In each message a pointer to a zts_event_msg_t object is provided. This structure contains pointers to yet more structures. Each event type has its own special structure with additional relevant data included. For instance, a network event will have a valid pointer set to msg->network that contains things like the network ID, its type, status, assigned addresses, multicast subscriptions, etc.

This additional information is not available in all language bindings and you may need to use the sequential-style functions to get the information you need.

Errors#

On success a function typically will return ZTS_ERR_OK or a positive value (possibly indicating the number of bytes sent or received.) On failure a function typically will return a negative number or possibly a NULL pointer, though this may vary somewhat depending on the language binding you're using.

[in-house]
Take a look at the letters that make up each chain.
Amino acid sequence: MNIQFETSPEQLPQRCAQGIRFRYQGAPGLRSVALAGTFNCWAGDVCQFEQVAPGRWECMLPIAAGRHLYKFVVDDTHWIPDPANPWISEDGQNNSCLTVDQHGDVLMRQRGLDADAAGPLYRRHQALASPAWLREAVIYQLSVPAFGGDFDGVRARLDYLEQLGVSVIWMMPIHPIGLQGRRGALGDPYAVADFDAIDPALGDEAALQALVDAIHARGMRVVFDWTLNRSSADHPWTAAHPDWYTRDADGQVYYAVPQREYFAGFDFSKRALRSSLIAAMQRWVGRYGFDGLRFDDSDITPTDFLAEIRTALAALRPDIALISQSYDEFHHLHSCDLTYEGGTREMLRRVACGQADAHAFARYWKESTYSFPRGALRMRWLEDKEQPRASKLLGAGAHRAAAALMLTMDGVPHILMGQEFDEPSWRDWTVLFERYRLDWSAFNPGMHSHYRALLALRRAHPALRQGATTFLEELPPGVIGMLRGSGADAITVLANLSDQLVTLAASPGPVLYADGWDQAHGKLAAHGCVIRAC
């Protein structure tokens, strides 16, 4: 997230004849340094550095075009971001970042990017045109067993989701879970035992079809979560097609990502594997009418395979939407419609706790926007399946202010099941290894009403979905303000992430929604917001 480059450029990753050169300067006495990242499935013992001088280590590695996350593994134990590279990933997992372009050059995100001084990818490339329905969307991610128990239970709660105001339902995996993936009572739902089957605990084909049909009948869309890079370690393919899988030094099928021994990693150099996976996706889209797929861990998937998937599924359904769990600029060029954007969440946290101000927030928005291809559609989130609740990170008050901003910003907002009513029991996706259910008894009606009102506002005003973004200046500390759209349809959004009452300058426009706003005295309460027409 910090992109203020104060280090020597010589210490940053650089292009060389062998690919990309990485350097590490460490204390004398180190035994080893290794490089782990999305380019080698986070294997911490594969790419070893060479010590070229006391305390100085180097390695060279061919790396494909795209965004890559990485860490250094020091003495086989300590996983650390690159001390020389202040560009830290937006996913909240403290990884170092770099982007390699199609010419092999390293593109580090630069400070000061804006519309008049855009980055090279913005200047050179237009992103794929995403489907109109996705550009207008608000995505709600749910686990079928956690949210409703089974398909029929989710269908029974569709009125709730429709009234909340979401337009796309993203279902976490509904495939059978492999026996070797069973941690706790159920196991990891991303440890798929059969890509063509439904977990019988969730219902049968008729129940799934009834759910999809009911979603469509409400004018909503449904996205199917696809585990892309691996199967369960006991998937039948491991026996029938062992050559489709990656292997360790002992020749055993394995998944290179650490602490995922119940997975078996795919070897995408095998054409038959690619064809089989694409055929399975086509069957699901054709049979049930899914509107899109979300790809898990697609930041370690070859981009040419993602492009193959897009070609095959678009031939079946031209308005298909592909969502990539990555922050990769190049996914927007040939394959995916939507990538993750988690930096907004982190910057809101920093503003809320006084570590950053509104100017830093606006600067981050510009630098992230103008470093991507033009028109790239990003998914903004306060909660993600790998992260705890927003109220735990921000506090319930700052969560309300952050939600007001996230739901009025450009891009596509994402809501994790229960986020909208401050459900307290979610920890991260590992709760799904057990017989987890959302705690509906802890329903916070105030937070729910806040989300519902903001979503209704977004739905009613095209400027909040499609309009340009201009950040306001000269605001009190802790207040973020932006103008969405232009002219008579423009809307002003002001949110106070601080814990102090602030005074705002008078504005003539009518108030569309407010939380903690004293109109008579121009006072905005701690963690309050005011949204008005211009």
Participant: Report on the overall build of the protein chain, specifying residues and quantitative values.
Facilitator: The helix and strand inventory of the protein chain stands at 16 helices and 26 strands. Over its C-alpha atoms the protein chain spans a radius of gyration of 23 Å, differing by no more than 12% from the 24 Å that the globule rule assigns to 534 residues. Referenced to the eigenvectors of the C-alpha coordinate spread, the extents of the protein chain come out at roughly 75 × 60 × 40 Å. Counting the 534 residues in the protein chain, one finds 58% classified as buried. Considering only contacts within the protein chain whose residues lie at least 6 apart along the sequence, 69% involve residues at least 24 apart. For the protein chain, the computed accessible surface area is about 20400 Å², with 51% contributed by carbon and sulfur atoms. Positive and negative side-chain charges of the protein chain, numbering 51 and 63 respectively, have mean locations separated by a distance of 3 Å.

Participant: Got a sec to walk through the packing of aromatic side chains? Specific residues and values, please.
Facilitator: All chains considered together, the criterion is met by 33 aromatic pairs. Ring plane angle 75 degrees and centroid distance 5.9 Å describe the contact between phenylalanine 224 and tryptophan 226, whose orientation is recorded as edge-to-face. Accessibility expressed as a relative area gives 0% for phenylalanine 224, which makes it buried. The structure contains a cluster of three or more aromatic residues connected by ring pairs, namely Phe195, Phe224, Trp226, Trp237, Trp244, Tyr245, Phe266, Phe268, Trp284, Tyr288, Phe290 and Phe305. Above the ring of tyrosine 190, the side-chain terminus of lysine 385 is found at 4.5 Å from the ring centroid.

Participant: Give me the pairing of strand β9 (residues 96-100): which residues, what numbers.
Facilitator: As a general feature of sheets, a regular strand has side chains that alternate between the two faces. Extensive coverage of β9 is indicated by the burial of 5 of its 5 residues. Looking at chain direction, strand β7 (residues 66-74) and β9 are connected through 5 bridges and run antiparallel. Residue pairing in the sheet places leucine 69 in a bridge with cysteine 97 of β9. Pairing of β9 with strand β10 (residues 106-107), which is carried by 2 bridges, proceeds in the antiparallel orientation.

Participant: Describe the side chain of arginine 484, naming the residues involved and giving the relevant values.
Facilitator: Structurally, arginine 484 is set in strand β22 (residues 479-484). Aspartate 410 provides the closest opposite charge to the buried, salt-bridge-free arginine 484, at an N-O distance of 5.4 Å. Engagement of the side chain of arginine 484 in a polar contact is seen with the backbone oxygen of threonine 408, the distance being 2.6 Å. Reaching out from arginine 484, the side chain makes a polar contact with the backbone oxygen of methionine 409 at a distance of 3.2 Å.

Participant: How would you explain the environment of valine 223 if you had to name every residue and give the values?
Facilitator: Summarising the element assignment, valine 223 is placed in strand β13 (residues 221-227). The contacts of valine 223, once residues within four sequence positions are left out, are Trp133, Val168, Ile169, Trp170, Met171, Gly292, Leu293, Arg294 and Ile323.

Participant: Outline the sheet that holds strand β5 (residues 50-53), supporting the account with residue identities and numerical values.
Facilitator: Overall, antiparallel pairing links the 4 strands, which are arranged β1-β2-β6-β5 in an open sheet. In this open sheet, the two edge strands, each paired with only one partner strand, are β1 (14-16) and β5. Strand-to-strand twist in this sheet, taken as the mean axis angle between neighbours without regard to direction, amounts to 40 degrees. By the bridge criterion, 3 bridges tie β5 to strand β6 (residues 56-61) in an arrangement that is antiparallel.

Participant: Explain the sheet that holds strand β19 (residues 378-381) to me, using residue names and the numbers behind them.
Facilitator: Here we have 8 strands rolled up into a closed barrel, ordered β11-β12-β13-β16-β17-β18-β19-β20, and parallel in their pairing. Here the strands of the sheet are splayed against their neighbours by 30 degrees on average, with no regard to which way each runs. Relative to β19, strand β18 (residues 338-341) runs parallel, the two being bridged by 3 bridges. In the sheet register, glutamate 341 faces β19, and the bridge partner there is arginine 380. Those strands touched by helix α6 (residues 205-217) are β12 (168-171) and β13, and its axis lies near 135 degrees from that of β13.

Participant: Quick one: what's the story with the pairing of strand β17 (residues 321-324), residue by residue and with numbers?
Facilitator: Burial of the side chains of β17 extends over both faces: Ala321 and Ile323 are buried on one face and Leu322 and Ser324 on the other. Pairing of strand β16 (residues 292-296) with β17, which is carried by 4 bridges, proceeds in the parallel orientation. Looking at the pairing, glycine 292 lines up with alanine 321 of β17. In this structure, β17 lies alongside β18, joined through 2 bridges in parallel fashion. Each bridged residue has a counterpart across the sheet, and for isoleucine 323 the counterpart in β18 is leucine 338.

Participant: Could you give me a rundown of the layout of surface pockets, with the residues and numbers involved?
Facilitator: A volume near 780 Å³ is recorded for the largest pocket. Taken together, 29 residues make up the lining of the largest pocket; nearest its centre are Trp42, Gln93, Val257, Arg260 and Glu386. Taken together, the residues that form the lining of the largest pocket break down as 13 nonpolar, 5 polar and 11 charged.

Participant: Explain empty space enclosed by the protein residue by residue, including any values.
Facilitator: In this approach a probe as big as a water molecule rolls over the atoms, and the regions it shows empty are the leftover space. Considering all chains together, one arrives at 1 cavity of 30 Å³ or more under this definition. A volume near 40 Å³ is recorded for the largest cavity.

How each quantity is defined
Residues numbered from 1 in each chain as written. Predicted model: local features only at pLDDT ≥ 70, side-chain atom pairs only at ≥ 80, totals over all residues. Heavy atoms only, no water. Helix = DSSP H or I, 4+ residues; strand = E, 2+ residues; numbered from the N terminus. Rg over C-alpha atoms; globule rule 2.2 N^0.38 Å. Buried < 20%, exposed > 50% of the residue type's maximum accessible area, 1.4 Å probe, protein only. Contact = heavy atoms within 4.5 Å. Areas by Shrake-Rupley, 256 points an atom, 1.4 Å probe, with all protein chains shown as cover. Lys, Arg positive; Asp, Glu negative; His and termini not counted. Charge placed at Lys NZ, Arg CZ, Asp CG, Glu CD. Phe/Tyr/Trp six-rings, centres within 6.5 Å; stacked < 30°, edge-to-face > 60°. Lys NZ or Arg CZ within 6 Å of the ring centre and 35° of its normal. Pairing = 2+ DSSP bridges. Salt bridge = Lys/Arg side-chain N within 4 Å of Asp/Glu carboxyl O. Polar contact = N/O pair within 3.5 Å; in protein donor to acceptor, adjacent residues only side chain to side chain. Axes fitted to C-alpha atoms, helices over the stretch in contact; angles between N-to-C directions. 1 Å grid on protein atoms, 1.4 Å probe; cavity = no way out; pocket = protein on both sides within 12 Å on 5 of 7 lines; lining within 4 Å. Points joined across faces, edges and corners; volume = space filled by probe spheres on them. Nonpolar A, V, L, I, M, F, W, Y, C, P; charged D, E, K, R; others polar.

ZTS_ERR_OK = 0, // No error
ZTS_ERR_SOCKET = -1, // Socket error, see zts_errno
ZTS_ERR_SERVICE = -2, // The node service experienced a problem
ZTS_ERR_ARG = -3, // Invalid argument
ZTS_ERR_NO_RESULT = -4, // No result (not necessarily an error)
ZTS_ERR_GENERAL = -5 // Consider filing a bug report

In the event of a failure from a socket call zts_errno will be set to a value that offers additional context. These values are defined as zts_errno_t in include/ZeroTierSockets.h. This is accessible via the following:

Central API#

This section will show you how to use the built-in Central API to make calls to our hosted endpoints using your language of choice. It is not necessary to use these built in features but they are provided as a convenience.

BETA